Without a doubt, the most moving monument I’ve seen in the few short days I’ve been in London so far is the Animals in War Memorial. They had no choice. Simple. Direct. Heartbreaking.
The Animals in War Memorial is a war memorial, in Hyde Park, London, commemorating the countless animals that have served and died under British military command throughout history. It was designed by English sculptor David Backhouse and unveiled in November 2004 by Anne, Princess Royal.
The memorial was inspired by Jilly Cooper’s book Animals in War, and was made possible by a specially created fund of £1.4 million from public donations of which Cooper was a co-trustee. The memorial consists of a 55 ft by 58 ft curved Portland stone wall: the symbolic arena of war, emblazoned with images of various struggling animals, along with two heavily laden bronze mules progressing up the stairs of the monument, and a bronze horse and bronze dog beyond it looking into the distance. The horse was modelled on a retired Charger from The King’s Troop Royal Horse Artillery called Ben Bragg.
The inscriptions on the moving monument are in various fonts and sizes and are all uppercase. In addition to the ones on the front, here are several inscriptions on the rear or outside, and on the inner edges of the wings (in the gap), attributing the creators and funders.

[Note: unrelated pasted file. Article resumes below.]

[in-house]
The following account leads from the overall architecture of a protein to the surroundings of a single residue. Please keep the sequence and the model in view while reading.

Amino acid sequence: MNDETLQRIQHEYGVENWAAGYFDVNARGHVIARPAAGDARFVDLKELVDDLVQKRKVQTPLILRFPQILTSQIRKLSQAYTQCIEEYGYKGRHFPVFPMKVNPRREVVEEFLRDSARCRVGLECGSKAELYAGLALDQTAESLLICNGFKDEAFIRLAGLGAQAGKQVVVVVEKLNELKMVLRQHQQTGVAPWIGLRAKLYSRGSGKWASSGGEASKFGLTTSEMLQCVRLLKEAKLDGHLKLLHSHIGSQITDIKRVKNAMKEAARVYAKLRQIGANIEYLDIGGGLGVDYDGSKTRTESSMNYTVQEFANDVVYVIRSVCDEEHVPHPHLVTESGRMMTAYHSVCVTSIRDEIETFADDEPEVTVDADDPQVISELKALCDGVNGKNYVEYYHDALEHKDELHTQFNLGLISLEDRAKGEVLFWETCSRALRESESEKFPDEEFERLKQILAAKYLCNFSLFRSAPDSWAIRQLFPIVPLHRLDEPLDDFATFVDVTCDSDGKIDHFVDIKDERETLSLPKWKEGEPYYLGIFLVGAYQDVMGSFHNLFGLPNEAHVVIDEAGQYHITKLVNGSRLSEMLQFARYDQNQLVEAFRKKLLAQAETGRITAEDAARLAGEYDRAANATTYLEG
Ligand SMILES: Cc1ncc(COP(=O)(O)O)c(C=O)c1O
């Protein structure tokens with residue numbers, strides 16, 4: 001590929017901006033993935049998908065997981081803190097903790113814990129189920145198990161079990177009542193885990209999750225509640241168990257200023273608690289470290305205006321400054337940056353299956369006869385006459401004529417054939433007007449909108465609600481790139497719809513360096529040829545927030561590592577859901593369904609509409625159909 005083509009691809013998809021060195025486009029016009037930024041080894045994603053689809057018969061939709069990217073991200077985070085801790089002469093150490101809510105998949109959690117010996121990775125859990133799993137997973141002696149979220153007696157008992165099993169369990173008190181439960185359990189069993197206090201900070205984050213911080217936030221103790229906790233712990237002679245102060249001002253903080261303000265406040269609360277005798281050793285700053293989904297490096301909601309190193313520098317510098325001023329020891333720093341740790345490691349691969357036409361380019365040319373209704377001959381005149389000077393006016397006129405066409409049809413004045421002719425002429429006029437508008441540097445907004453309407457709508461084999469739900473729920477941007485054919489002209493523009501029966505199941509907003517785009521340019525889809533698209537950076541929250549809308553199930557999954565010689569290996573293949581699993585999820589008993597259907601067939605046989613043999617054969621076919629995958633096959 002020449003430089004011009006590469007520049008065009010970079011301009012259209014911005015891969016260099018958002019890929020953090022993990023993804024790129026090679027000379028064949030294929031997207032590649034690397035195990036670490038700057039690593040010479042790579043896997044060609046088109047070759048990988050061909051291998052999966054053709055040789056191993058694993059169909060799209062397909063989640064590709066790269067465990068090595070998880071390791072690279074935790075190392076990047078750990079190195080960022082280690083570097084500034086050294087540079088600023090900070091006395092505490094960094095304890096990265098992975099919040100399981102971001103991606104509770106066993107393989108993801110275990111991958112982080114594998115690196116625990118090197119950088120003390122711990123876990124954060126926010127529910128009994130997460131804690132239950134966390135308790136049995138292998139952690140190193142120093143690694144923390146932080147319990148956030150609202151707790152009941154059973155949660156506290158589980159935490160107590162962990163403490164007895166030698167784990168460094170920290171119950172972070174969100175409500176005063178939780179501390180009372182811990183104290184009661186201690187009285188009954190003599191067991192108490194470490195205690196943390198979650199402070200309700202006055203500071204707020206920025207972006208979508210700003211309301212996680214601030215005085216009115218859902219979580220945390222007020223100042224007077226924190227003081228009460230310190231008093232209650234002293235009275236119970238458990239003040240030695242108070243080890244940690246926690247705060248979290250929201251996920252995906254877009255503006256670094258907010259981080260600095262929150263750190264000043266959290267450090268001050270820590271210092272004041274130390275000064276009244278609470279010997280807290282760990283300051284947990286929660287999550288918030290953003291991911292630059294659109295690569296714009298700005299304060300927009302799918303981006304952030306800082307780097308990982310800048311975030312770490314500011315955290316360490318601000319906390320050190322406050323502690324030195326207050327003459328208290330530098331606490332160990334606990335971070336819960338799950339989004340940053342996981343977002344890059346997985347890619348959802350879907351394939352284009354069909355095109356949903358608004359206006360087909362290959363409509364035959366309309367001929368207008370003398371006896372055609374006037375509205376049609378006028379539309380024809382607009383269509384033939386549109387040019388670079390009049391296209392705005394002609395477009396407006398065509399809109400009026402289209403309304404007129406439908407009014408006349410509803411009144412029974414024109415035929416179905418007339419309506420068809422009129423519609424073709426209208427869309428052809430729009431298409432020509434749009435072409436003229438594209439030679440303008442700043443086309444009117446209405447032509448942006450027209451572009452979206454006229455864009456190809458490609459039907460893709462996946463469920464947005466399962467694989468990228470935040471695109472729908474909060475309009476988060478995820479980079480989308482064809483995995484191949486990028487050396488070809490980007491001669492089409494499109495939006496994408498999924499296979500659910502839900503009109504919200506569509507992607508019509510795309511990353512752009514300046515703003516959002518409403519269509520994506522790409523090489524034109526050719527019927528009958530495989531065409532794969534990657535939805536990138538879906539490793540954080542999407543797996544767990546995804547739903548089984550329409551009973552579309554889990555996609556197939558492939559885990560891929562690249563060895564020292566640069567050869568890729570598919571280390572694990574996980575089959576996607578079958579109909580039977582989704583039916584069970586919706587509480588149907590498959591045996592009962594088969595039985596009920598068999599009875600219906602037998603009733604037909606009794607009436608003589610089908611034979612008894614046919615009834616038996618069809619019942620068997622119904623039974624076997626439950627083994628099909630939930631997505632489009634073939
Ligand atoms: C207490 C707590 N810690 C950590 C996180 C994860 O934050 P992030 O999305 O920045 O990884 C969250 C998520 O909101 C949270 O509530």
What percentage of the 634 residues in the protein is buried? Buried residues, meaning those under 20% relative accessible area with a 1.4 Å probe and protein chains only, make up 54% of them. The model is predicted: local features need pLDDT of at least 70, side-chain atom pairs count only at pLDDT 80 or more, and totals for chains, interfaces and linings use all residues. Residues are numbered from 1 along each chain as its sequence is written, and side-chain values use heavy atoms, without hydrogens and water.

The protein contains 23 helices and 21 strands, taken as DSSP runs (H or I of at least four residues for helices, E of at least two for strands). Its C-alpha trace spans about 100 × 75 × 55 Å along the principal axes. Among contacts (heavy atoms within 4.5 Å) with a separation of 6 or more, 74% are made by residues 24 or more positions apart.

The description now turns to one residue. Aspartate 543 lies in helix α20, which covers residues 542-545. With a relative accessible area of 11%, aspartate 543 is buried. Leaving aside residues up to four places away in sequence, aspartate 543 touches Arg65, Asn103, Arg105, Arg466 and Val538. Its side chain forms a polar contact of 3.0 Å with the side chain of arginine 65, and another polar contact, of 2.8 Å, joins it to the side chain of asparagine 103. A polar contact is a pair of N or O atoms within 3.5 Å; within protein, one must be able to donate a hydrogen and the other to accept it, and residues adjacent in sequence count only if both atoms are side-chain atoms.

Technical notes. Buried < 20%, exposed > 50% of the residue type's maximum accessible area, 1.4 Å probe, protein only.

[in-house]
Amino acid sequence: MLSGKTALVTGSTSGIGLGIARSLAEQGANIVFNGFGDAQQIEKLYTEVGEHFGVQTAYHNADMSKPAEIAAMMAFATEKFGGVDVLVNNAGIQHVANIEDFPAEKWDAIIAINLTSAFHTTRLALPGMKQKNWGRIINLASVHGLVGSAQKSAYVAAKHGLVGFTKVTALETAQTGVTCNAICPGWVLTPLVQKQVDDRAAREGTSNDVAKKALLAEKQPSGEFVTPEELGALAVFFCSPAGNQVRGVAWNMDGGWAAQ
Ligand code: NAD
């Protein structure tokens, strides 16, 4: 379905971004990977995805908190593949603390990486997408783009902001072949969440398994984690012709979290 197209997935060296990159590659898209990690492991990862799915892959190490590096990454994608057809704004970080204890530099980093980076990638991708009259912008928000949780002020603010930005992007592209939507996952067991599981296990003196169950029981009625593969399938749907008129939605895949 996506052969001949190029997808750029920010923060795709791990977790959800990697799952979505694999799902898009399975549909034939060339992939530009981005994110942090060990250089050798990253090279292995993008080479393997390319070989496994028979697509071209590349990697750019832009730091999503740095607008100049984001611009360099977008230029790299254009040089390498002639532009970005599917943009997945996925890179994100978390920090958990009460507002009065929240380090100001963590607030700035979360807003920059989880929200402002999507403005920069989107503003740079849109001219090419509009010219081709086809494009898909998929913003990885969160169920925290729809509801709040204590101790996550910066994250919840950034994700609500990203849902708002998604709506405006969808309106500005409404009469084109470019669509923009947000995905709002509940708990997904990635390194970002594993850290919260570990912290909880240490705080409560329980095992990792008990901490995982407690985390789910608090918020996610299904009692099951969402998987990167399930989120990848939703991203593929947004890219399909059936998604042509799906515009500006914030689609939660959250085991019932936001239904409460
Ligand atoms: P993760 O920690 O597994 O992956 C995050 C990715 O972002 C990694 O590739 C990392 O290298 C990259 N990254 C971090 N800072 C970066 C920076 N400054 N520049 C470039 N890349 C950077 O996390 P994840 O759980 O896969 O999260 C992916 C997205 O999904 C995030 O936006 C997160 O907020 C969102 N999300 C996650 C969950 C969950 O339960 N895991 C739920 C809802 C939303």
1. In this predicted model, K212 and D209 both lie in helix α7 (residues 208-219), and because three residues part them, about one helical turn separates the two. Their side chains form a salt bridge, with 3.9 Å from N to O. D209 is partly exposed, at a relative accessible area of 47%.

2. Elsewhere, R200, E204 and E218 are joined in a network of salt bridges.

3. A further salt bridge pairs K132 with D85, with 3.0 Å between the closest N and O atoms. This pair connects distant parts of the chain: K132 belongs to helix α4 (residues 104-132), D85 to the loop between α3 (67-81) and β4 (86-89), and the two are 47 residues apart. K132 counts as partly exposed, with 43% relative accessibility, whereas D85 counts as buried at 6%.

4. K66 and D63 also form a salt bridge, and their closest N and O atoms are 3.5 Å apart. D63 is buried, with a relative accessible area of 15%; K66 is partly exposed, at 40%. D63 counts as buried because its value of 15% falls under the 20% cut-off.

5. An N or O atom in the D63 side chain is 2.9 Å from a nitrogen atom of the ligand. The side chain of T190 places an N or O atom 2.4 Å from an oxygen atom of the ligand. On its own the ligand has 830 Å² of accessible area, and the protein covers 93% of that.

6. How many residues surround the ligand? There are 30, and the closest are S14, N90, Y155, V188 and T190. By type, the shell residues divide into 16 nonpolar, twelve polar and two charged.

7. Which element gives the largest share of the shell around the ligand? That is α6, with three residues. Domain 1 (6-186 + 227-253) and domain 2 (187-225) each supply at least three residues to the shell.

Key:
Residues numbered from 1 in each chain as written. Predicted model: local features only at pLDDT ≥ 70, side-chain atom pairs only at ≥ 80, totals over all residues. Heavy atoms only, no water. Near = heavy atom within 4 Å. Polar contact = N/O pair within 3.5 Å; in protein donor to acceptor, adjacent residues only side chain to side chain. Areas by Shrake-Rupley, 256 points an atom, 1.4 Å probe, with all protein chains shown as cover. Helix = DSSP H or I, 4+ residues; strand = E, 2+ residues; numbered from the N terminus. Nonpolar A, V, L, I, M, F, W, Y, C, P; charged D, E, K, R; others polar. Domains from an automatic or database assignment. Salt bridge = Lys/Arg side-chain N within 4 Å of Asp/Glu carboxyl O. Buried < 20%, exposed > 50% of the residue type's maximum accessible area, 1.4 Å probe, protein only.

On the face of the right wing when viewed from the front or inside
Main heading, with the largest and heaviest cut inscription:
Animals in War
Directly beneath the main heading:
This monument is dedicated to all the animals
that served and died alongside British and allied forces
in wars and campaigns throughout time
Beneath and to the right of the main heading:
They had no choice
On the face of the left wing when viewed from the rear or outside (on the reverse of the main heading):
animals were employed
to support British and Allied Forces
in wars and campaigns over the centuries
and as a result millions died · From the pigeon to the
elephant they all played a vital role in every region of the world
in the cause of human freedom · Their contribution must never be forgotten